The clear front-runner before and after the Iowa caucus is Mitt Romney, businessman and former governor of Massachusetts. Romney has been viewed as the only candidate who could possibly give Obama a run for his money. Romney is the only moderate Republican candidate who has not aligned with the Tea Party.

The Republican Party presidential nomination for 2012 ultimately became a showdown between Romney and Santorum, as they each struggled to be to be the front-runner in the Iowa caucus. The Iowa contest is the first in a string of other contests in New Hampshire, North Carolina, and Florida.

Santorum's sudden rise as a close No. 2 to Romney shook up the race and brought into question the direction of the Republican Party. The party has rarely faced such a politically philosophical divide. Only a few votes separated Romney, who has deep pockets and well-padded resources to go the mile. He even managed to buy an ad in Times Square as we watched the ball fall directly in front of his ad on national television as we rang in the New Year.

The Iowa battle did not resolve the future of the Republican Party. Each of the Republican candidates called the current election the most important for the nation. We have not seen an election of this importance since ultra-conservative Barry Goldwater ran against former President Lyndon Johnson in 1964. All we can do is watch and hope the Republicans will ultimately choose a more moderate candidate.
(c) 2012 Helen Thomas is a columnist for the Falls Church News-Press. Among other books she is the author of Front Row At The White House: My Life and Times.

Next Evil Act: Stripping Americans Of Citizenship
By James Donahue

First it was the National Defense Authorization Act, cleverly attached by Senate Republicans to a military appropriations bill that literally blackmailed President Barack Obama to sign it. This wicked little piece of legislation now gives the military the power to arrest and detain Americans both at home and abroad without formal charge or even a trial if suspected of "terrorist" activity.

Now Congressmen Joe Lieberman (I-CT) and Charles Dent (R-PA) are co-sponsoring the Enemy Expatriation Act. If this piece of legislation makes its way through the two houses and gets attached to something that blocks a presidential veto, it will give the federal government the power to strip Americans of their citizenship without being convicted of hostile acts against the United States.

Both of these bills are steering this nation into a strange form of dictatorial power over its citizens by stripping even more of their Constitutional rights.

As blogger Stephen D. Foster Jr. wrote in his analysis of the Lieberman-Dent bill: "You can be stripped of your nationality for engaging in or purposefully and materially supporting hostilities against the United States." He suggests that since the "War on Terror is a little ambiguous and encompassing, any action could be labeled as supporting terrorism. Since the Occupy movement began, conservatives have been trying to paint the protesters as terrorists."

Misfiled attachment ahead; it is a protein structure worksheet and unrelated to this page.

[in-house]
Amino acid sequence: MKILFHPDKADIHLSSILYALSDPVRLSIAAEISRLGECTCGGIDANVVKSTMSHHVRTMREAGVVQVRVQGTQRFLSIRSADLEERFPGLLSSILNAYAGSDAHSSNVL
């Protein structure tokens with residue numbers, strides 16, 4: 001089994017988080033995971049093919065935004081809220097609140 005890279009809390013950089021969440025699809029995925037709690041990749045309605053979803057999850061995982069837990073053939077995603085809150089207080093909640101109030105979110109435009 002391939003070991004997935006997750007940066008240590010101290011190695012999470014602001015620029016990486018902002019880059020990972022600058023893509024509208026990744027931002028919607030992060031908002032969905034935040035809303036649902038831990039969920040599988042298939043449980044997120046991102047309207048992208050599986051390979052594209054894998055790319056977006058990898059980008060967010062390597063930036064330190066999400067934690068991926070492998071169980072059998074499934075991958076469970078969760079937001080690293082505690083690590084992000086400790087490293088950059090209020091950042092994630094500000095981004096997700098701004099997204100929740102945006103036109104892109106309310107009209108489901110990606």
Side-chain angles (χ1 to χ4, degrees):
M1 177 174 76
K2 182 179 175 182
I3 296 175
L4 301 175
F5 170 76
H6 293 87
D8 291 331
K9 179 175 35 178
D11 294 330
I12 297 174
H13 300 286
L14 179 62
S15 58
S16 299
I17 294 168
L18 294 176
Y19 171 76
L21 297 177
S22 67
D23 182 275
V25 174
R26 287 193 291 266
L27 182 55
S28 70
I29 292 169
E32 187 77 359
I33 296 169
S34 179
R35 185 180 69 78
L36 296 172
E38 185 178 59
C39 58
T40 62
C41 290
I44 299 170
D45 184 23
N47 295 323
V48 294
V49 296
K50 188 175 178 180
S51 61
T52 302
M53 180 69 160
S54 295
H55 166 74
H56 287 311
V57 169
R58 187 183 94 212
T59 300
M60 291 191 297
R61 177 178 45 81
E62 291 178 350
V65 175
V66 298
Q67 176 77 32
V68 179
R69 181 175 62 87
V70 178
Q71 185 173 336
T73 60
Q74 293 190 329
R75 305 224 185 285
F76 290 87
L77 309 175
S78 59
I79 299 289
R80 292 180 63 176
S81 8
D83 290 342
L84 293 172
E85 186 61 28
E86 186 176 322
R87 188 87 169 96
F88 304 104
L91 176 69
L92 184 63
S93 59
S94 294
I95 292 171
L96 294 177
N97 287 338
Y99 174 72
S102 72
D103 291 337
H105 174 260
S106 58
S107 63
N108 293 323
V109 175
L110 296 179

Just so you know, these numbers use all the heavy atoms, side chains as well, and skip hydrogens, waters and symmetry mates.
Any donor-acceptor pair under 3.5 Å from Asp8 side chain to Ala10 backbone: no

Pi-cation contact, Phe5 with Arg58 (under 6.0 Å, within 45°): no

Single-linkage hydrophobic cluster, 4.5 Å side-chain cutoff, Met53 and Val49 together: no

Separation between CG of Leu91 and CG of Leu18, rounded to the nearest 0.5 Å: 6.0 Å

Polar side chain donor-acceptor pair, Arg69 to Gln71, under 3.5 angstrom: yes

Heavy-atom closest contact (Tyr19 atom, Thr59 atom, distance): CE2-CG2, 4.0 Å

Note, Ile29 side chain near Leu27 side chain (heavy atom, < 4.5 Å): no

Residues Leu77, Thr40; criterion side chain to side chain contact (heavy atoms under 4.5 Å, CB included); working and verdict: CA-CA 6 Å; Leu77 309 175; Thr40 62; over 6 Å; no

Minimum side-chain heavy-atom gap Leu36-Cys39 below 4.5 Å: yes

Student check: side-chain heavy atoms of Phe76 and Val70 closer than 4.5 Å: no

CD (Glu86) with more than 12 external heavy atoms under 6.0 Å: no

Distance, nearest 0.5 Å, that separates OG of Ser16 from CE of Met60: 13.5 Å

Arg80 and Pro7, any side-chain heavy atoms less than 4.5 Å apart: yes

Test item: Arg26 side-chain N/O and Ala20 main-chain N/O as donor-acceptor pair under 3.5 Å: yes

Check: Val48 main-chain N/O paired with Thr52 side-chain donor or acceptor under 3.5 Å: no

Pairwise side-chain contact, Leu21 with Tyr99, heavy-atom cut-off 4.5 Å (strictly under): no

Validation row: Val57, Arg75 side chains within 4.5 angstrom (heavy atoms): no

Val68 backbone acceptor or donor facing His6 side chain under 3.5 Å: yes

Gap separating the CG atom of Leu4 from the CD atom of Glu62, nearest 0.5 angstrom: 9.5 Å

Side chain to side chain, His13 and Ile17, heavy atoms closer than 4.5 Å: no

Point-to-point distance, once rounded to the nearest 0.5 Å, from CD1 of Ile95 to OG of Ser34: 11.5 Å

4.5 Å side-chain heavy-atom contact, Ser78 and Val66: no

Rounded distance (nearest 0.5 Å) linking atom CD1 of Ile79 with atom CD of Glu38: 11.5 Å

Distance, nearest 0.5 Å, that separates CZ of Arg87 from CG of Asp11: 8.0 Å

And there, in a nutshell, may be the heart of the thinking among the secret power figures that are controlling the minds and hearts of our "elected" member of Congress. What better way to stop the Occupy movement than with military force if they can make it legally possible.

And you can be sure that the thugs that have been controlling the reins of our government want the Occupy Movement stopped. That is because the movement is coming from the grass roots, it is growing and it is beginning to have an impact.

The people have been stripped of the wealth that was once shared among all who wished to work for a decent wage. In most areas they have been stripped of their right to collectively bargain, they have lost the good paying jobs they once enjoyed, their health insurance has disappeared as have vacation and sick time benefits. Many have now lost their homes and the quality of life they once enjoyed. The only thing keeping them going have been the state and national unemployment and jobless benefit programs, and most Republican legislators threaten to take that away as well.

If the Office of Homeland Security is given the power to sic the military on the Occupy protesters, branding them as terrorists, we predict a bloody rebellion not unlike what we have been witnessing in Egypt, Syria, Iran and other places in the world. Hungry, homeless and desperate people have nothing to lose and they will rise up against tyranny.

We saw it happen last year in Egypt and Libya. Our own Civil Rights Movement brought about change, as did the apartheid movement in South Africa. Mohandas Gandhi successfully led a peaceful revolution against British Rule in India early in the Twentieth Century. The French rose up against the ruling class during the French Revolution. Our own nation was founded by revolution against the British crown.